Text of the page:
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October 2017 – Lucas is Das Bloggin' Skip to content

Month: October 2017

Using Azure Media Services to get metadata from a media file

Azure Media Services is a great tool for encoding all types of media.  One of it’s major advantages is that it accepts a bunch of different input types (AMS supported file types).  So you can almost agnostically give it a video file, and get an mp4 as output (amongst a myriad of other things it can do).  However, with the current version, you cant get an information about a video file until AFTER it has been transcoded.

I wanted to get information about the input video file BEFORE it is transcoded….

Sure, there are packages that can do this (MediaInfo although you can’t get audio channel info, FFProbe, TaglibSharp, etc.), but most if not all require the file to be written to disk.  That is a problem if you are looking at a byte array from blob storage, or want to get that information from a stream uploaded from a web client without writing it to disk.

So I applied a little hack to use AMS to get the audio and video metadata from a video file, and I need it quickly, so I don’t want to encode the entire video.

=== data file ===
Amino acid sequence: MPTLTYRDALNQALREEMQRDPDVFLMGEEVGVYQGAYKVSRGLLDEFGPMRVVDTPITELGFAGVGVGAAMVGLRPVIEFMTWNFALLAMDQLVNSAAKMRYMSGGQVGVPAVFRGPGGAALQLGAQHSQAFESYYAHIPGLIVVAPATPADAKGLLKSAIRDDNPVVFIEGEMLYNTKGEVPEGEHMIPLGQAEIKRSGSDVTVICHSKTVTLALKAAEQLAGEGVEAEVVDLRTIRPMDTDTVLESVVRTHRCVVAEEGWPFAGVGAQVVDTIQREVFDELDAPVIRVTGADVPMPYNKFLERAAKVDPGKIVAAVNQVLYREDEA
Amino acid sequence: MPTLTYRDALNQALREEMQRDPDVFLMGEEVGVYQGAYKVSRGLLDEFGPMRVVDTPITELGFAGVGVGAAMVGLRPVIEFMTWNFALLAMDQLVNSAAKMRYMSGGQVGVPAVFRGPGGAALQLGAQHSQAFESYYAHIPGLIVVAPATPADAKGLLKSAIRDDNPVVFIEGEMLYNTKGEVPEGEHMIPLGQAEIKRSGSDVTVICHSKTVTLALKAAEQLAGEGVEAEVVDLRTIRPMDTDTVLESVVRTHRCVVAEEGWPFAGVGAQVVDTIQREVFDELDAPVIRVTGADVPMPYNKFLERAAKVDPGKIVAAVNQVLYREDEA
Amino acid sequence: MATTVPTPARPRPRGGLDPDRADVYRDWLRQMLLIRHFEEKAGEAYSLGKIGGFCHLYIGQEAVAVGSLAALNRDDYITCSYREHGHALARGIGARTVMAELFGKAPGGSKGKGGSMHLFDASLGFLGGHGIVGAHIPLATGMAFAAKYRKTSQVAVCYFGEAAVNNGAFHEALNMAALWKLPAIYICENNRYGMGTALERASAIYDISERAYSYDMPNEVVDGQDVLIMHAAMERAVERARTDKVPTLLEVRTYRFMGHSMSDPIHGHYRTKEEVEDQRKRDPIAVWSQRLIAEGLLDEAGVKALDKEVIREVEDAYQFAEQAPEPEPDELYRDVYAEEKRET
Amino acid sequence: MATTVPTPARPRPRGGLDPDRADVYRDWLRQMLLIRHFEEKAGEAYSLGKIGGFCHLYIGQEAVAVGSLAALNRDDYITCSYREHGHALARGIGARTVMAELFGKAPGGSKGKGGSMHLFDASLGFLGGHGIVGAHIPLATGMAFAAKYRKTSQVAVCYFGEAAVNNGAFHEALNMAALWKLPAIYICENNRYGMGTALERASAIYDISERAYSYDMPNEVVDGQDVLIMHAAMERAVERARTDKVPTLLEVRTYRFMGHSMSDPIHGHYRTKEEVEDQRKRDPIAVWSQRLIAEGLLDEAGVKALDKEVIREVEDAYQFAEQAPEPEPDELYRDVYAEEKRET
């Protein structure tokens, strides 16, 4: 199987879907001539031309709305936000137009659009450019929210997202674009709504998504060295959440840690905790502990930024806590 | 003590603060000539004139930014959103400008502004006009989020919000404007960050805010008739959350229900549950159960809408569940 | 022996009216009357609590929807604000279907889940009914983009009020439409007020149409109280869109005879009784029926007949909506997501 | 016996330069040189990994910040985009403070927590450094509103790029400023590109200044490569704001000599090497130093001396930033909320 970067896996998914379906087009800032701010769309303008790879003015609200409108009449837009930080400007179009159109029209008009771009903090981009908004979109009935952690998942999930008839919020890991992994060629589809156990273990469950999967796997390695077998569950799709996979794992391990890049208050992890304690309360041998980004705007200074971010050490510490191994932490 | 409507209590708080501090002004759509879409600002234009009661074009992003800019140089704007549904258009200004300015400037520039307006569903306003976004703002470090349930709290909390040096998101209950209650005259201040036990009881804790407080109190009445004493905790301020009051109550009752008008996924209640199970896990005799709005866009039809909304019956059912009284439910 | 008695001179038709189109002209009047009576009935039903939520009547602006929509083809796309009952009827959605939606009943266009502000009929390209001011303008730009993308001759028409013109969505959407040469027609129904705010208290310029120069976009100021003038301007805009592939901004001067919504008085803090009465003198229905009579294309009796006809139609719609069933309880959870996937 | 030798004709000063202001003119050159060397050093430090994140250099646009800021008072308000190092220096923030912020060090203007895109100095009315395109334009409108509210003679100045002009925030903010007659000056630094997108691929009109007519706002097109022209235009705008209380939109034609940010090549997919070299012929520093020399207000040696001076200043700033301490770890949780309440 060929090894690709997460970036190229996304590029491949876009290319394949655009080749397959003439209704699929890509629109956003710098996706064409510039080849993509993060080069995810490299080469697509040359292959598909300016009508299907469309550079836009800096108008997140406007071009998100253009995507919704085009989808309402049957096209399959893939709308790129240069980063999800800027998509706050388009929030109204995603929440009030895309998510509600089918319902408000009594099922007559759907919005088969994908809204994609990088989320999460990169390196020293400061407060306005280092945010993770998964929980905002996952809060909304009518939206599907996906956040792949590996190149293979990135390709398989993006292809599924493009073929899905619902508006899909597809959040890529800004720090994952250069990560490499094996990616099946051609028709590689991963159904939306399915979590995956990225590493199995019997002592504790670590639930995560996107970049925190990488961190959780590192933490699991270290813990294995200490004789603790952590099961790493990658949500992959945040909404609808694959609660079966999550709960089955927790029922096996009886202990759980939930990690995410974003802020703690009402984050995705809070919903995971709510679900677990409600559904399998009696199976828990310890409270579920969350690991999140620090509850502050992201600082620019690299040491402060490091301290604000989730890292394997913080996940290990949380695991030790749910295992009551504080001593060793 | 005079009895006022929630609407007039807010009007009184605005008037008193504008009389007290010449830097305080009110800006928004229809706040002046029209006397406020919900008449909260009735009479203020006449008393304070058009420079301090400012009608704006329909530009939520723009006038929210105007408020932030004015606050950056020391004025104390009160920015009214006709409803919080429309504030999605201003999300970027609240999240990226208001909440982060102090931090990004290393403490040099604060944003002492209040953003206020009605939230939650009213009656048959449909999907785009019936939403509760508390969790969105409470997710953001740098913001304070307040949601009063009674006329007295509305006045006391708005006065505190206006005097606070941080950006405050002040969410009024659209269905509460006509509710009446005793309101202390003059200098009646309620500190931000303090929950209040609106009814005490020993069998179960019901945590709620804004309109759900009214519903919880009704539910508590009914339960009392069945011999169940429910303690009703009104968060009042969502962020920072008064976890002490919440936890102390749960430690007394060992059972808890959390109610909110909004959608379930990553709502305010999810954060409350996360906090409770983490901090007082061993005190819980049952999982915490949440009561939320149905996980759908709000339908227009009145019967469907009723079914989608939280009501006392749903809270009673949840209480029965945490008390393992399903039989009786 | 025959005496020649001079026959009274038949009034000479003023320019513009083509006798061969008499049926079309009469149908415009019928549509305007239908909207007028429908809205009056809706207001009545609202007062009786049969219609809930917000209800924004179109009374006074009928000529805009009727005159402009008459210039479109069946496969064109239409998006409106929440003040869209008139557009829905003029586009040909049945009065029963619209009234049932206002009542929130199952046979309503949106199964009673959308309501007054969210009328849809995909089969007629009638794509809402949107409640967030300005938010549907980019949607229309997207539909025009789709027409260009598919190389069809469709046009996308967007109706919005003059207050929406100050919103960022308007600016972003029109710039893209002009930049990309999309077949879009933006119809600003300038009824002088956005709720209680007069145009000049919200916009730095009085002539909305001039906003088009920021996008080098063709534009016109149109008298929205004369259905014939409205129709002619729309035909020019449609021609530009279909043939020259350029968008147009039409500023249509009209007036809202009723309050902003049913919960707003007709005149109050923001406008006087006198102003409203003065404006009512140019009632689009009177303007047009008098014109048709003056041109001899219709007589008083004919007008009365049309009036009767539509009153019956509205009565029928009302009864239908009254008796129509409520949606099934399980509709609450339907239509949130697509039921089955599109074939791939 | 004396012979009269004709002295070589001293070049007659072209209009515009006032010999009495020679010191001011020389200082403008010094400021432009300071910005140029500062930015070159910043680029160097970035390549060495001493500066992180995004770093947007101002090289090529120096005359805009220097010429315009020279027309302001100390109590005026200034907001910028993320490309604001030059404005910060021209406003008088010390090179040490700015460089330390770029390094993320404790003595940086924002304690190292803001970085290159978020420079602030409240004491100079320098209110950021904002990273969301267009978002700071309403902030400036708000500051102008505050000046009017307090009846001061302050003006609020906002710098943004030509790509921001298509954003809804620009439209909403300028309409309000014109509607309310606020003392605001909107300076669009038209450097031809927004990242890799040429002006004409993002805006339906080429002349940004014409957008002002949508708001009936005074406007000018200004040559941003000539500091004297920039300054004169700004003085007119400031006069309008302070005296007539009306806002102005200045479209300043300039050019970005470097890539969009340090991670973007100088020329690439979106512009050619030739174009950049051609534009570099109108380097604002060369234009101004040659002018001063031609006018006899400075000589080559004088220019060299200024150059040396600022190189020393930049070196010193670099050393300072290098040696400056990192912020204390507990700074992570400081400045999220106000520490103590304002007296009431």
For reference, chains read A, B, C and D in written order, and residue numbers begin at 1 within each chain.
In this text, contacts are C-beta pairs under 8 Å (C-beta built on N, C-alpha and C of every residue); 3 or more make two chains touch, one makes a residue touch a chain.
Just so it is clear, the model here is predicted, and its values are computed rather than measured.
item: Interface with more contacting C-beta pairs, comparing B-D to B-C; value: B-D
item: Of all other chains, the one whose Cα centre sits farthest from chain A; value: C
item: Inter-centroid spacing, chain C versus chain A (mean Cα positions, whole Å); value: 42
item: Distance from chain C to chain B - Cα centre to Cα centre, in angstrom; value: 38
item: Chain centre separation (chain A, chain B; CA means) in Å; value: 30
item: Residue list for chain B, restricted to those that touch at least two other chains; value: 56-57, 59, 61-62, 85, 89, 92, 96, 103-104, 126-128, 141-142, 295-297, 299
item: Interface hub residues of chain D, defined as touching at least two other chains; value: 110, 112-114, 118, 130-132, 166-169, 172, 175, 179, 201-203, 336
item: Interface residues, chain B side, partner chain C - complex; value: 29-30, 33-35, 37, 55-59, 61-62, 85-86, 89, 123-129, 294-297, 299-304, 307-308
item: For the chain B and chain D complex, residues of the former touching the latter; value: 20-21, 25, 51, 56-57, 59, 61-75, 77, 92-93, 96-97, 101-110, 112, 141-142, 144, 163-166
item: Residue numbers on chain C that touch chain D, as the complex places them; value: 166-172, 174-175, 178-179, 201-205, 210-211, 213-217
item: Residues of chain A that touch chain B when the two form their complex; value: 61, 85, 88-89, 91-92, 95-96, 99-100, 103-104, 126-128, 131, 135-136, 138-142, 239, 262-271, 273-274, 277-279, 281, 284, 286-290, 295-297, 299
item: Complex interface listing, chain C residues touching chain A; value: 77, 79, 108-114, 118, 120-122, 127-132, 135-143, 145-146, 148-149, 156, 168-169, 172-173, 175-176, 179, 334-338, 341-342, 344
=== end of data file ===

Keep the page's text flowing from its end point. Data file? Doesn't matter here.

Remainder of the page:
First, you need a JSON preset to perform the simplest (see fastest) of AMS tasks, generate a single thumbnail.

{
   "Version":1.0,
   "Codecs":[
      {
         "Type":"PngImage",
         "PngLayers":[
            {
               "Type":"PngLayer",
               "Width":640,
               "Height":360
            }
         ],
         "Start":"{Best}"
      }
   ],
   "Outputs":[
      {
         "FileName":"{Basename}_{Index}{Extension}",
         "Format":{
            "Type":"PngFormat"
         }
      }
   ]
}

This will create a single thumbnail, and it will ask AMS to generate the “best” one, meaning it uses it’s brain to figure out the most relevant thumbnail, so you don’t get a blank one because the first few seconds of the video are black.

IJob metaDataJob = CreateJob(context, $"{inputAsset.Asset.Name}-Metadatajob");                    
IMediaProcessor processor = GetLatestMediaProcessorByName("Media Encoder Standard", inputAsset.GetMediaContext());

ITask task = job.Tasks.AddNew(taskName,
        processor,
        EncodingPreset.GetBaseThumnailOnlyEncodingPreset(), // this is the JSON from above,
        TaskOptions.None);
task.InputAssets.Add(inputAsset);

task.OutputAssets.AddNew($"Thumbnail_{inputAsset.Name}", AssetCreationOptions.None);

await metaDataJob.SubmitAsync();

// Check job execution and wait for job to finish.
  Task progressJobTask = job.GetExecutionProgressTask(CancellationToken.None);
 progressJobTask.Wait();

// Get a refreshed job reference after waiting on a thread.
metaDataJob = GetJob(metaDataJob.Id, context);

// Check for errors
if (metaDataJob.State == JobState.Error)
{                    
  return;
}